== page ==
14 Apr 2016
- Two thirds of adults in England are overweight or obese. From 1993 – 2013 the proportion of adults overweight including obese increased from 57.6% to 67.1% in men and from 48.6% to 57.2% percent in women1.
- The British Heart Foundation report on Cardiovascular Disease 2015 found cardiovascular disease accounted for 28% of all deaths for men and 26% of all deaths for women in the UK in 2014.
- Current NHS advice is ‘to eat less saturated fat or swap foods high in saturated fat for smaller amounts of foods containing unsaturated fats, to reduce the health risks linked with high cholesterol levels’2.
- Contrary to this, a recent study published in the BMJ3, supports the steady stream of challenges to the widely held belief that saturated fat intake is bad for your cardiovascular health.
On Tuesday 17 May 2016 SCI’s Public Evening Lecture will enter the discussion over dietary consumption of fats, the beliefs, myths and current evidence of the effect on public health. The lecture will be delivered by Prof Jack Winkler Nutrition Policy Unit and Emeritus Professor London Metropolitan University and Dr Rob Winwood, chair of the GOEDomega-3 science committee and science communications manager at DSM Nutritional Products. The presentation will explore the popular opinion of dietary consumption of fats, exciting developments in the world of Omega 3 and Omega 6 fatty acids and look to the future, how do we allow consumers to select the ‘right’ balance of fatty acids for good health?
Dietary consumption of Fats: a false impression?
Government bodies around the world have urged us to reduce our fat intake, and particularly our saturated fat intake. Consequently, most of the British population are under the impression that dietary consumption of fats, particularly animal fats, will lead to accumulation of fat in their bodies and arteries with obvious negative effects on their cardiovascular health. In November 2015, a conference was held by the SCI Lipids committee to examine these issues: ‘Lipids and Health: Risk, Reward and Revelation’. A surprising conclusion from this was that saturated fat did not pose an increased risk of the onset of cardiovascular disease, though partial replacement with a healthy alternative could be beneficial.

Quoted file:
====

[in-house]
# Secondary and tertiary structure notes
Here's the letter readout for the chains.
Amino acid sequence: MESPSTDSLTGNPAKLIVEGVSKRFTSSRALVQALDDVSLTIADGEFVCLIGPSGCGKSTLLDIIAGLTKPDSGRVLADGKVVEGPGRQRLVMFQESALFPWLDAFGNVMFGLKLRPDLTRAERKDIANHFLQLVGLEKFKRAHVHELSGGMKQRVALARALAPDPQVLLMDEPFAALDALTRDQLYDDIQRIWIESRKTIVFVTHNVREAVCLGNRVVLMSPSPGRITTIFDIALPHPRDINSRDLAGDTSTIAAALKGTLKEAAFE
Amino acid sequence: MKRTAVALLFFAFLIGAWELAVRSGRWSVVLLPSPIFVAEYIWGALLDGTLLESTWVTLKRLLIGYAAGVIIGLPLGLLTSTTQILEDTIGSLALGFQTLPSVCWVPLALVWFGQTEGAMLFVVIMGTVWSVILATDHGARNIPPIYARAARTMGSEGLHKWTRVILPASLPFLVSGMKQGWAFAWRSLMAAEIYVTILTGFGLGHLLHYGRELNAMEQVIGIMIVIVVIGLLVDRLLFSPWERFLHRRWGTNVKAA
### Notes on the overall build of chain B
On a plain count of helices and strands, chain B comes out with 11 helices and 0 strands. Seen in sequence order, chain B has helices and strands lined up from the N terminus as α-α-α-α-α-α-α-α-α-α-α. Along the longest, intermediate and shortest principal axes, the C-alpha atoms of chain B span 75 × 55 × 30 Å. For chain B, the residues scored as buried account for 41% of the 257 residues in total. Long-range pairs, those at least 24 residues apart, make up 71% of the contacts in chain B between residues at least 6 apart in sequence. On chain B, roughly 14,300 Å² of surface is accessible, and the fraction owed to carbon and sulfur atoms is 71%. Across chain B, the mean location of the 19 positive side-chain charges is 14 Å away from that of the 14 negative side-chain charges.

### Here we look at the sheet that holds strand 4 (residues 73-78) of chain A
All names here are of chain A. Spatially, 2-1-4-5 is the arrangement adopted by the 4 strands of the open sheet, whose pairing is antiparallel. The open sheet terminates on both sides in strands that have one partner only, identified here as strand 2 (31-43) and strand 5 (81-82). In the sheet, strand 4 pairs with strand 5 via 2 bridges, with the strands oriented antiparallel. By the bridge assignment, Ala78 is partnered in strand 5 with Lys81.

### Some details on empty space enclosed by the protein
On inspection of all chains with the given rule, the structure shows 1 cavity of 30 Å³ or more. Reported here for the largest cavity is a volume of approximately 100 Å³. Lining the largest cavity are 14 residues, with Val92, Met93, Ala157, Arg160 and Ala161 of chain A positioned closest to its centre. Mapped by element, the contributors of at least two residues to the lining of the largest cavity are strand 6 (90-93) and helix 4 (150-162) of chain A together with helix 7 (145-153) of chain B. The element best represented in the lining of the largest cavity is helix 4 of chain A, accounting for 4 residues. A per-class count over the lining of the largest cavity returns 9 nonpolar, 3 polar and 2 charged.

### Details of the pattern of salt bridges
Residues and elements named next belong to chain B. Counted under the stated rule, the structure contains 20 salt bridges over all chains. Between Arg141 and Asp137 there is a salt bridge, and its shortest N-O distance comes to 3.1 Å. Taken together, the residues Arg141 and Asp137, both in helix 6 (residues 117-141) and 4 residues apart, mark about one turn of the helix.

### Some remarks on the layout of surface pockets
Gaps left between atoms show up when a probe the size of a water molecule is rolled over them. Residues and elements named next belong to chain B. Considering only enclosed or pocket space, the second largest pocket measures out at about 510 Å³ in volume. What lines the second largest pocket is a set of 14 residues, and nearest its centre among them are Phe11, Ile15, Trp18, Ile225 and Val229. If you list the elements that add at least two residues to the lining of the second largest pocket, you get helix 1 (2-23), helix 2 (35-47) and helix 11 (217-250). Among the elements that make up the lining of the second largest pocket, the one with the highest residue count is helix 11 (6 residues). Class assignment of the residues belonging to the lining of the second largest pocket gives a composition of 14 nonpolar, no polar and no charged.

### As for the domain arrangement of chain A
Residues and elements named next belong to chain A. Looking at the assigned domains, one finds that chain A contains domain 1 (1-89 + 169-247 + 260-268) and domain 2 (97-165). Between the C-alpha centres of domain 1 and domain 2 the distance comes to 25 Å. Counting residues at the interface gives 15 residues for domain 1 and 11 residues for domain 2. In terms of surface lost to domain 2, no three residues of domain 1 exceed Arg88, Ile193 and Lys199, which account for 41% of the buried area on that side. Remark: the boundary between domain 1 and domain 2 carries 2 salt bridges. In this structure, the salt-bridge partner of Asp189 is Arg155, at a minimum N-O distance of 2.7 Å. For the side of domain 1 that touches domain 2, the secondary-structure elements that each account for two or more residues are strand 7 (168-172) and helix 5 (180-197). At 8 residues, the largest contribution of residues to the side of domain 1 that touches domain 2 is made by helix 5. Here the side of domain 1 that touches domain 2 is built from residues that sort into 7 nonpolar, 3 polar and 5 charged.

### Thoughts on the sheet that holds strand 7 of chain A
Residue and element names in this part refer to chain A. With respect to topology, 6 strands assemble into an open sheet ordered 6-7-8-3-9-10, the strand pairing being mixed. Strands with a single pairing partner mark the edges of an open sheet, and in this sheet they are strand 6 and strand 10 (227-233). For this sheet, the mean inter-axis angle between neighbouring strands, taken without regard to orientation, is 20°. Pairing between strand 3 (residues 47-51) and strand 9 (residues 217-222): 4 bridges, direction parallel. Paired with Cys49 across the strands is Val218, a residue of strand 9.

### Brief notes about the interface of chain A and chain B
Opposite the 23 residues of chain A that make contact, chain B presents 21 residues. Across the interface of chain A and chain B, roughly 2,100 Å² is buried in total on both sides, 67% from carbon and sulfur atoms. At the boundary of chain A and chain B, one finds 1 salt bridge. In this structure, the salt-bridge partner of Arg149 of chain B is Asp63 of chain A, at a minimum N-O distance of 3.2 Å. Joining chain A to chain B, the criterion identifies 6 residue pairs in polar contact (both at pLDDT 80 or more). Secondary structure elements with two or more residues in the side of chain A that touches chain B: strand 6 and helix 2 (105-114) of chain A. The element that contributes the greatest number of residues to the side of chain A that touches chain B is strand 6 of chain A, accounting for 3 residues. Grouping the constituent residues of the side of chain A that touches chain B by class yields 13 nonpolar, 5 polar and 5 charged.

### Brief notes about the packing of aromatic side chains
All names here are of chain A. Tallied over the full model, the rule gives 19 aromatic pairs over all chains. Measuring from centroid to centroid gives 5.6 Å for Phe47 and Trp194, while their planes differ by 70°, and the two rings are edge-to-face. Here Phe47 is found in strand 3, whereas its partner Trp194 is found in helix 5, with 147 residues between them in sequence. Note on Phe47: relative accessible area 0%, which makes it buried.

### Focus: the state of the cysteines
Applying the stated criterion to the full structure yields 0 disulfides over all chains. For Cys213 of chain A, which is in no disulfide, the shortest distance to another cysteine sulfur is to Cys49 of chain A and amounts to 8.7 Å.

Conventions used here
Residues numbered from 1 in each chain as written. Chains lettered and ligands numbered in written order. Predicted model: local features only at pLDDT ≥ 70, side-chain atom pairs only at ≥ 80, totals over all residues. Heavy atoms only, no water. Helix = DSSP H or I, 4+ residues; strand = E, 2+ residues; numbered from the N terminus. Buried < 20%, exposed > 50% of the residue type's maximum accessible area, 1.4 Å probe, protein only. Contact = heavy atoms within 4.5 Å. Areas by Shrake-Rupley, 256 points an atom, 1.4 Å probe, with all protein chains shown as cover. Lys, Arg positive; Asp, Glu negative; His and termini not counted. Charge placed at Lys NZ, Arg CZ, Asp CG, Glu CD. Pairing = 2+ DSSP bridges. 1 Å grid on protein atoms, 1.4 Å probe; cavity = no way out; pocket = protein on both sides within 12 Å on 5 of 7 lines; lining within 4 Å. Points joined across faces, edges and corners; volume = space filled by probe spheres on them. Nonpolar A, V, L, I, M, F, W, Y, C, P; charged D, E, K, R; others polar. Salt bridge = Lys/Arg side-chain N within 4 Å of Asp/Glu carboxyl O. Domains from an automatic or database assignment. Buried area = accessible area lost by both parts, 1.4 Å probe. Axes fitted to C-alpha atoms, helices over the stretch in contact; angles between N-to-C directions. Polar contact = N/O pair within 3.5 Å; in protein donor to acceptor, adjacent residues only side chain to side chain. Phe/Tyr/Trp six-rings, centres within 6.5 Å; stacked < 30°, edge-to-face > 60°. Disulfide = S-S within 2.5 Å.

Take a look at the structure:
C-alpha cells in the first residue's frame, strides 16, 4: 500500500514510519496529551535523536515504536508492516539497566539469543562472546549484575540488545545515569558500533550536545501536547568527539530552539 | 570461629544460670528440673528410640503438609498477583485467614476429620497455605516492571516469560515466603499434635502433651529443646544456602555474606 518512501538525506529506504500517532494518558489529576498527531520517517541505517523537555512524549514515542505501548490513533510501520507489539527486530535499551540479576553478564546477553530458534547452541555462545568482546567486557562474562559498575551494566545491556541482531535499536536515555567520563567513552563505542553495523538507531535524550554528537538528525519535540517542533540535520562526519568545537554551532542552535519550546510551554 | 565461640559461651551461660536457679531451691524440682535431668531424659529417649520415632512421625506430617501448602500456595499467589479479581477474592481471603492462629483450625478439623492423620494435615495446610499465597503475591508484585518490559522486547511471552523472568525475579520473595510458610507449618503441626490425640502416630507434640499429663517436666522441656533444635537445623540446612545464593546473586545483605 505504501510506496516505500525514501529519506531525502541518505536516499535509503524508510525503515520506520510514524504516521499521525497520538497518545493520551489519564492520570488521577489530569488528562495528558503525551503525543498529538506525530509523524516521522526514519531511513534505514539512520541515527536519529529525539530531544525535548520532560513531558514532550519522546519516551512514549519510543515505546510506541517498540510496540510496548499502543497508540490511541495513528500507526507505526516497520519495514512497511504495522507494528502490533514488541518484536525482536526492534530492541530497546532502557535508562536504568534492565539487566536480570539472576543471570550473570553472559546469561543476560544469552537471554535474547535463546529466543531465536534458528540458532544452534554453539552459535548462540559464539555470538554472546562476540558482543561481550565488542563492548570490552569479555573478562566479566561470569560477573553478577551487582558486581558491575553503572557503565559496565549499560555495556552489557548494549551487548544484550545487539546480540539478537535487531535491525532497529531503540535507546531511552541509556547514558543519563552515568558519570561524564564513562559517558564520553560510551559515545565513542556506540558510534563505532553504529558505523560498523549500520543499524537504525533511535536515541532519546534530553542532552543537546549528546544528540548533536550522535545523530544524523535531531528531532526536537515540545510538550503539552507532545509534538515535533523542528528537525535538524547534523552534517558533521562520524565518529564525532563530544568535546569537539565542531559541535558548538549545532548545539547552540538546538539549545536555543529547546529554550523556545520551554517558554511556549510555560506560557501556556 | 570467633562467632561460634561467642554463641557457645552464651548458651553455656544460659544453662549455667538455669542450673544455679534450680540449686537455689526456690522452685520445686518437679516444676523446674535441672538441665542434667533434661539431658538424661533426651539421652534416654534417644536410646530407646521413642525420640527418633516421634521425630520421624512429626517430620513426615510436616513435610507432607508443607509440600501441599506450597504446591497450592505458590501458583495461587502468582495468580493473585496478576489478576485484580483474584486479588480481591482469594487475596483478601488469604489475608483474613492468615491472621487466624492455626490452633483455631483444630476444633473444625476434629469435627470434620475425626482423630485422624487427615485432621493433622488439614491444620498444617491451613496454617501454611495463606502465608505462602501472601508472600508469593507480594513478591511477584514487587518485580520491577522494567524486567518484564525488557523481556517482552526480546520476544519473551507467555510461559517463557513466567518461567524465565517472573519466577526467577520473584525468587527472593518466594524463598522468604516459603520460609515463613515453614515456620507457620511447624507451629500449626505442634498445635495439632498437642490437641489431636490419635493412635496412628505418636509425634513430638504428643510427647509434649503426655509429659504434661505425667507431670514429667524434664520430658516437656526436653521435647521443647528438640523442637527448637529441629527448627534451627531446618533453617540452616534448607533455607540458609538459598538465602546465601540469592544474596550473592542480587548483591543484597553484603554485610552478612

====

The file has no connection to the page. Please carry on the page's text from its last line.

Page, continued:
In this lecture, Professor Jack Winkler and Dr Rob Winwood will expand upon the evidence (or lack of) in this topical area, where in the past consumer choice has not always been influenced in line with sound scientific evidence.
About the Speakers
Prof Jack Winkler is a specialist researcher, policy analyst, writer, lecturer and consumer advocate on food nutrition and health. Director of Nutrition Policy Unit, an independent consultancy to improve public health through dietary change, working primarily with public interest organisations. He is a founder, officer and/or member of most UK food advocacy groups, including Action on Sugars, Sustain, Consensus Action on Salt and Health, London Food Commission, National Food Alliance, Coronary Prevention Group, Joint Health Claims Initiative, Action and Information on Sugars. Prof Winkler trained as sociologist at the London School of Economics and Stanford University and academic posts include University of Kent, Imperial College London, Cranfield University, and King’s Fund Institute, working on a wide variety of economic and social policy issues. He is the author of numerous articles, research reports, consultation documents, and briefing papers, on nutrition policy.
Dr Rob Winwood, CSci FIFST, is the scientific communications manager at DSM Nutritional Products where he curates the www.nutri-facts.org website. He is currently chair of the scientific committee of the global trade organisation GOEDomega-3. He is a specialist in lipid nutrition and serves on the lipids committee of the SCI (Society of Chemistry for Industry). He has held a series of senior technical and business development positions in various global food ingredient companies including Martek Biosciences, Archer Daniels Midland (ADM), Kelco International and Tunnel Avebe Starches.
Rob has authored numerous scientific publications and has been an invited speaker at many conferences around the globe. During the last year, he has also made appearances on UK national radio and television.
Date: Wednesday 30 March 2016
Venue: SCI HQ, 15 Belgrave Square, London SW1X 8PS
Time: Reception opens at 18.00 and the lecture starts at 18.30. There will be an opportunity to meet the speaker after the lecture at a drinks and networking reception.
Contact: SCI Marketing, E: firstname.lastname@example.org, T: +44 (0)207 598 1562
1Statistics on Obesity, Physical Activity and Diet – England 2015. Health and Social Care Information Centre. 3 March 2015.
2NHS Choices: http://www.nhs.uk/chq/Pages/1124.aspx
3De Souza, R. J., Mente, A., Maroleanu, A., Cozma, A. I., Ha, V., Kishibe, T., Anand, S. S. (2015). Intake of saturated and trans unsaturated fatty acids and risk of all cause mortality, cardiovascular disease, and type 2 diabetes: systematic review and meta-analysis of observational studies. BMJ, h3978. http://doi.org/10.1136/bmj.h3978